The University of Southern Mississippi’s J.L. Scott Marine Education Center at the Gulf Coast Research Laboratory, Center received funding to provide students and teachers of coastal and non-coastal schools of Mississippi with experiential learning activities to emphasize connections between their local watershed and coastal habitats of the Gulf of Mexico. Formal and informal educational strategies will be utilized. The regional priorities addressed by the project are the Gulf of Mexico Alliance priorities of environmental education and water quality for healthy beaches and shellfish beds. Students and teachers will establish a sampling site within their watershed/community to perform water quality analyses for a full academic year, share data with other schools working on the project, and post data generated to the GLOBE (Global Learning and Observations to Benefit the Environment) website. Additionally, students of each participating school will visit coastal habitats of the Mississippi Sound and the Gulf of Mexico, collect water quality data for comparison with local data. All data from all locations will be archived for future reference. Crucial components of the project will be photographic documentation of activities and the development and implementation of a service learning project related to the Mississippi Coastal Watershed by each participating school.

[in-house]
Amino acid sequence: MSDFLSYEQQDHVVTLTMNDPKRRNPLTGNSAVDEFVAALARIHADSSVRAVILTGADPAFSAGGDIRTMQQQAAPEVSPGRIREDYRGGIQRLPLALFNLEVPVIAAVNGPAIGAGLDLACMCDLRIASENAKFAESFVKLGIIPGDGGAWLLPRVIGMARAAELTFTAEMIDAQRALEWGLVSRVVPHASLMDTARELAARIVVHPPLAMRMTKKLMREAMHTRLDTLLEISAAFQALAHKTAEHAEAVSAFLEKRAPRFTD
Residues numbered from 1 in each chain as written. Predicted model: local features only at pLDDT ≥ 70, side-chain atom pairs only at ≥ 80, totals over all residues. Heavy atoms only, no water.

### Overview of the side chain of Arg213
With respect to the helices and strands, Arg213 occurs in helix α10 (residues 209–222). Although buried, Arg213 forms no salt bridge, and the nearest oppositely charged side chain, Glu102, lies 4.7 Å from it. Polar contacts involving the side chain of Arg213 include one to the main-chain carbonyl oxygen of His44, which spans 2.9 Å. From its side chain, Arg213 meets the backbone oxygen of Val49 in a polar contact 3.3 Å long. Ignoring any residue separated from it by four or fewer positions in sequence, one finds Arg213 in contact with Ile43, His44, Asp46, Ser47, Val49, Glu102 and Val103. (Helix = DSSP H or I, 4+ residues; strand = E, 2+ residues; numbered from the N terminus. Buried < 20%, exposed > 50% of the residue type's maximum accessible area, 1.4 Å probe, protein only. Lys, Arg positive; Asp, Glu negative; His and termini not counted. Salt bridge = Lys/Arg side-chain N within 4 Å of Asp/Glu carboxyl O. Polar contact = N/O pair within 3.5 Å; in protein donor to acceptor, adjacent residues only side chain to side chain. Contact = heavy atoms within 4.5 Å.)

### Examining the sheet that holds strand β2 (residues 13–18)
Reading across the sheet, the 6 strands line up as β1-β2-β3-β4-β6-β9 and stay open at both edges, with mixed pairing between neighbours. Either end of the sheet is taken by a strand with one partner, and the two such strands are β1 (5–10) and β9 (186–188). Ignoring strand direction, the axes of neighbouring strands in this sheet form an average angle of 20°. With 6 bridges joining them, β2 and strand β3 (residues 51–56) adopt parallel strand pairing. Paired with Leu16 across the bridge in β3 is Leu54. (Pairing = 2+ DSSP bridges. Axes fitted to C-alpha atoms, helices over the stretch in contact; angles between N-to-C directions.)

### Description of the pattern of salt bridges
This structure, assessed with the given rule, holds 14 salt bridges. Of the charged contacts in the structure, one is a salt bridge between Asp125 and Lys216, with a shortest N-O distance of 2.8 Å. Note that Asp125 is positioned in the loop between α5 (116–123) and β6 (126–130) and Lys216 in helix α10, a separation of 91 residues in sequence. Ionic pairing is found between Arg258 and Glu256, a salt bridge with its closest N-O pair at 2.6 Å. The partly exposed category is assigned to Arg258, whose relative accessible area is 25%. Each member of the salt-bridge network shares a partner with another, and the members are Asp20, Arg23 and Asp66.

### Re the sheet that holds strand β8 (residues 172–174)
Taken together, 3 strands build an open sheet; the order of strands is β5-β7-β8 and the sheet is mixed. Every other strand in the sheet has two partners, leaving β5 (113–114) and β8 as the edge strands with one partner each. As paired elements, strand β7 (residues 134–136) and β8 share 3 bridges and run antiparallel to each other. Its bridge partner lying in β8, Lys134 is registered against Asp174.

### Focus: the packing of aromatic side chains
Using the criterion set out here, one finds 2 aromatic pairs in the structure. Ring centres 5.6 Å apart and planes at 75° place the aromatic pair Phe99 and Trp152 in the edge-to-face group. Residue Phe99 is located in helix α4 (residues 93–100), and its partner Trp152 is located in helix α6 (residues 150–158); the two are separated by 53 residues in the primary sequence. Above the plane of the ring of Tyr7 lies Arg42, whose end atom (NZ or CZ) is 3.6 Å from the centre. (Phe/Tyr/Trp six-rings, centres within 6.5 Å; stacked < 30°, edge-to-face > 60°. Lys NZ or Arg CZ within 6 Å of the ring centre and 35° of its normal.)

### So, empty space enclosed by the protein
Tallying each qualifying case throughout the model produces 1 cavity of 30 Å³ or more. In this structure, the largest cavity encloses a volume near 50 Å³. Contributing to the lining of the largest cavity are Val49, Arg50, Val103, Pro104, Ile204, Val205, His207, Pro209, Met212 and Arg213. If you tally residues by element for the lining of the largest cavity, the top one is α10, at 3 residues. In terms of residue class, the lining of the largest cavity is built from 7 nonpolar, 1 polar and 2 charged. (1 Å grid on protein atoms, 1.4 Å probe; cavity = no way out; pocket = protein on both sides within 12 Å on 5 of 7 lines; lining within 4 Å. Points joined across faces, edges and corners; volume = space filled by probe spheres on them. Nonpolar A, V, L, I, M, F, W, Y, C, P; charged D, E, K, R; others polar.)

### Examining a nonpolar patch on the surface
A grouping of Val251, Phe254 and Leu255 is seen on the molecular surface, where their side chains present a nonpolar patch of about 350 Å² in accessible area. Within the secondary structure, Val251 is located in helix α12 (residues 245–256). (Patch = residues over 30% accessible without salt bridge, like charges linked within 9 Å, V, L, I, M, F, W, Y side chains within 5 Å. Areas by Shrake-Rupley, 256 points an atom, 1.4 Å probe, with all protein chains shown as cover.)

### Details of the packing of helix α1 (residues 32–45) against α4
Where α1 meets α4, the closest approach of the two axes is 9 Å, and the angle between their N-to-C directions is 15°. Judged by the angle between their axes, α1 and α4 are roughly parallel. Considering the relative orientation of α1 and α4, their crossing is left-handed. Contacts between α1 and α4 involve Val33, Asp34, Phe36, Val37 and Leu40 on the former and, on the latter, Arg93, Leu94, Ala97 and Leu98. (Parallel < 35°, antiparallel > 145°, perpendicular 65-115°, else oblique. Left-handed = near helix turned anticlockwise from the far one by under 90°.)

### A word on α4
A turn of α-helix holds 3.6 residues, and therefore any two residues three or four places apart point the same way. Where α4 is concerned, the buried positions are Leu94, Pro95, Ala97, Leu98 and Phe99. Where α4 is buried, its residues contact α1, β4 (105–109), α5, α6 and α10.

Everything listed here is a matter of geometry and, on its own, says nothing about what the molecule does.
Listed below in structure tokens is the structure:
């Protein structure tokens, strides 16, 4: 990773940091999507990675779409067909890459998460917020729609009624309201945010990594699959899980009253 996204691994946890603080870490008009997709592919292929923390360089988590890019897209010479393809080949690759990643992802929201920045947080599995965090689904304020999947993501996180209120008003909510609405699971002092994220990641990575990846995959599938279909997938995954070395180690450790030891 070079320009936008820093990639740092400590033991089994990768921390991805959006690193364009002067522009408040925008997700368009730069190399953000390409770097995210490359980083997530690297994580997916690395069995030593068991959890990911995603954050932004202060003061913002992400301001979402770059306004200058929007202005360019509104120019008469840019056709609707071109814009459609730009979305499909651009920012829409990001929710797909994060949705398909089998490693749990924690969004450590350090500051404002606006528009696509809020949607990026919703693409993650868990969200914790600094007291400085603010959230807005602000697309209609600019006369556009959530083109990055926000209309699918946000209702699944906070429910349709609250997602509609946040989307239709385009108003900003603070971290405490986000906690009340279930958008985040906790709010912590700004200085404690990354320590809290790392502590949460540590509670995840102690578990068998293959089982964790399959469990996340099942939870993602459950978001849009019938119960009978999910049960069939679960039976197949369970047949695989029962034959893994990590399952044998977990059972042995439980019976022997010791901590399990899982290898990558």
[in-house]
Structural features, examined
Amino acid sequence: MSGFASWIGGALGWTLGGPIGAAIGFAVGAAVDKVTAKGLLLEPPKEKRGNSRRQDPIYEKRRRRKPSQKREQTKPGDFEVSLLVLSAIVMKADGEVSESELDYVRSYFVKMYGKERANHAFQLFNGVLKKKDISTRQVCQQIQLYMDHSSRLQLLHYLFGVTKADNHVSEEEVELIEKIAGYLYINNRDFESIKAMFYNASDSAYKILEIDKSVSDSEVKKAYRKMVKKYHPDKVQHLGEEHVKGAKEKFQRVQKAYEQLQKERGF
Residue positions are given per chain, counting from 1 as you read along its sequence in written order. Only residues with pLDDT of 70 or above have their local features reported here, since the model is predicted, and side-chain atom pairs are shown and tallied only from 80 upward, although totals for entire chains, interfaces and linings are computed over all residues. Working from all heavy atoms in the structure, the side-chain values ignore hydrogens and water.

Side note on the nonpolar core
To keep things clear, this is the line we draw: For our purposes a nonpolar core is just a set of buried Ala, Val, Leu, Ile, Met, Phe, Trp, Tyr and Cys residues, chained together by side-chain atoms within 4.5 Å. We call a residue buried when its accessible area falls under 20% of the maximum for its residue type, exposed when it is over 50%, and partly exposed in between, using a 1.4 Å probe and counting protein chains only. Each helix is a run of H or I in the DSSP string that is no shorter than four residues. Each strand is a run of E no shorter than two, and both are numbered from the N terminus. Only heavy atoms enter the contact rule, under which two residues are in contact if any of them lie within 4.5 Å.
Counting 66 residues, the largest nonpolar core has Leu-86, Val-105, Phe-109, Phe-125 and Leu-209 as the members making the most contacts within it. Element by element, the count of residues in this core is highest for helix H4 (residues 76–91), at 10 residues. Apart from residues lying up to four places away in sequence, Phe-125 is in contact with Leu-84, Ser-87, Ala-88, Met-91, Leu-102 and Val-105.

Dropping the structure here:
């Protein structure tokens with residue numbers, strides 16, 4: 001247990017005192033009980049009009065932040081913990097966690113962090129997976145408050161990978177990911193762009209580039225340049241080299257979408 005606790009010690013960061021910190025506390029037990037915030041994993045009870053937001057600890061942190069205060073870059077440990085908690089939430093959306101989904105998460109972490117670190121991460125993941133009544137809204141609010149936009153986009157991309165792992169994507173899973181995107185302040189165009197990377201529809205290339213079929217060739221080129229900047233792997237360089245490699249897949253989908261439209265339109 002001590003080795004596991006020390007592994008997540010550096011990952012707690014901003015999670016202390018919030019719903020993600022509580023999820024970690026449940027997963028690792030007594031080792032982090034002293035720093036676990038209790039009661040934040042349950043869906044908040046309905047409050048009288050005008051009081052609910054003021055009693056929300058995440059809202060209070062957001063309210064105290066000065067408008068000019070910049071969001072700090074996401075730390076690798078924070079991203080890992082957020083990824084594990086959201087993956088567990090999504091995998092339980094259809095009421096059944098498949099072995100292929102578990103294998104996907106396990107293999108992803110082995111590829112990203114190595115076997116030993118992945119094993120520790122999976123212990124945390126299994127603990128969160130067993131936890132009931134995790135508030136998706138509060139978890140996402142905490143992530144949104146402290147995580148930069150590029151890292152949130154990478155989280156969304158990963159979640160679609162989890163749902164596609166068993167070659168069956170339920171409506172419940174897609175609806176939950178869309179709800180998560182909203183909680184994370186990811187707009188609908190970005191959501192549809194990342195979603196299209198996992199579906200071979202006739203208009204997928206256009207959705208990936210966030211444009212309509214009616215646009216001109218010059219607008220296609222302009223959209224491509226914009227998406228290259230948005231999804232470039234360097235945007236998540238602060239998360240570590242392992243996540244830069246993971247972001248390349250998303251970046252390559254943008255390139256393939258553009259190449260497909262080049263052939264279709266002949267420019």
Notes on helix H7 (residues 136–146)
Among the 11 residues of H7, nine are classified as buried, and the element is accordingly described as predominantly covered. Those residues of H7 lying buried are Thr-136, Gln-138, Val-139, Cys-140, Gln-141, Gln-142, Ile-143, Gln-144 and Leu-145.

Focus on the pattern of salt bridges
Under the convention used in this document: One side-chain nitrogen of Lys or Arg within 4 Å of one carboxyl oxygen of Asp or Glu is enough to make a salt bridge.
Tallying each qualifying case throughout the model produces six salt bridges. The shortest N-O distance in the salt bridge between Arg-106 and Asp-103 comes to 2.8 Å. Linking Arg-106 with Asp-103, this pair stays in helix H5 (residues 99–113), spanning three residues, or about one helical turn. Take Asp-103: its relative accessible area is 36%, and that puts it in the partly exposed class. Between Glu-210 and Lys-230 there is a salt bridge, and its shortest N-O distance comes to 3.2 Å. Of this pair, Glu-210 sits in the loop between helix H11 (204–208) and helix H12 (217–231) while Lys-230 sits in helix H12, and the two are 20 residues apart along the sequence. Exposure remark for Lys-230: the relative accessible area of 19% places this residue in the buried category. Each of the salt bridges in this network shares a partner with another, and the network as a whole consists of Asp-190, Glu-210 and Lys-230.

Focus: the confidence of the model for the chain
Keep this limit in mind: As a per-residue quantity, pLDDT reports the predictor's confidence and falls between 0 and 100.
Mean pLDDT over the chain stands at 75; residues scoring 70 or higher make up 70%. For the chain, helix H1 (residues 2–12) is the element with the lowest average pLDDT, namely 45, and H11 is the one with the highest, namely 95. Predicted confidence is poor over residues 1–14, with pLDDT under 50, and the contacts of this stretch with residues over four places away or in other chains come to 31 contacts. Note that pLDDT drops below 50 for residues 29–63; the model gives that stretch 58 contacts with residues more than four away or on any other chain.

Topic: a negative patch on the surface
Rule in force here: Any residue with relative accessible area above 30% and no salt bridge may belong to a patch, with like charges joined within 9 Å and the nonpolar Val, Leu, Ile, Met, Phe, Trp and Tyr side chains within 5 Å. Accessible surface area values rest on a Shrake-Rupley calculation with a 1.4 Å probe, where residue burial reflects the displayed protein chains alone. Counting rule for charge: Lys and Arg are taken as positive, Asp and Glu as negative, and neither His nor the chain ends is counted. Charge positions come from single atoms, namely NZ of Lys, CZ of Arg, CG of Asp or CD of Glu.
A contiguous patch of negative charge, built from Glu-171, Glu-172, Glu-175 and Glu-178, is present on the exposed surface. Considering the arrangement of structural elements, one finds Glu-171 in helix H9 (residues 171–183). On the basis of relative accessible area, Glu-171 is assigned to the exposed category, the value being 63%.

Shifting Baselines: Watershed Connections to Landscape Change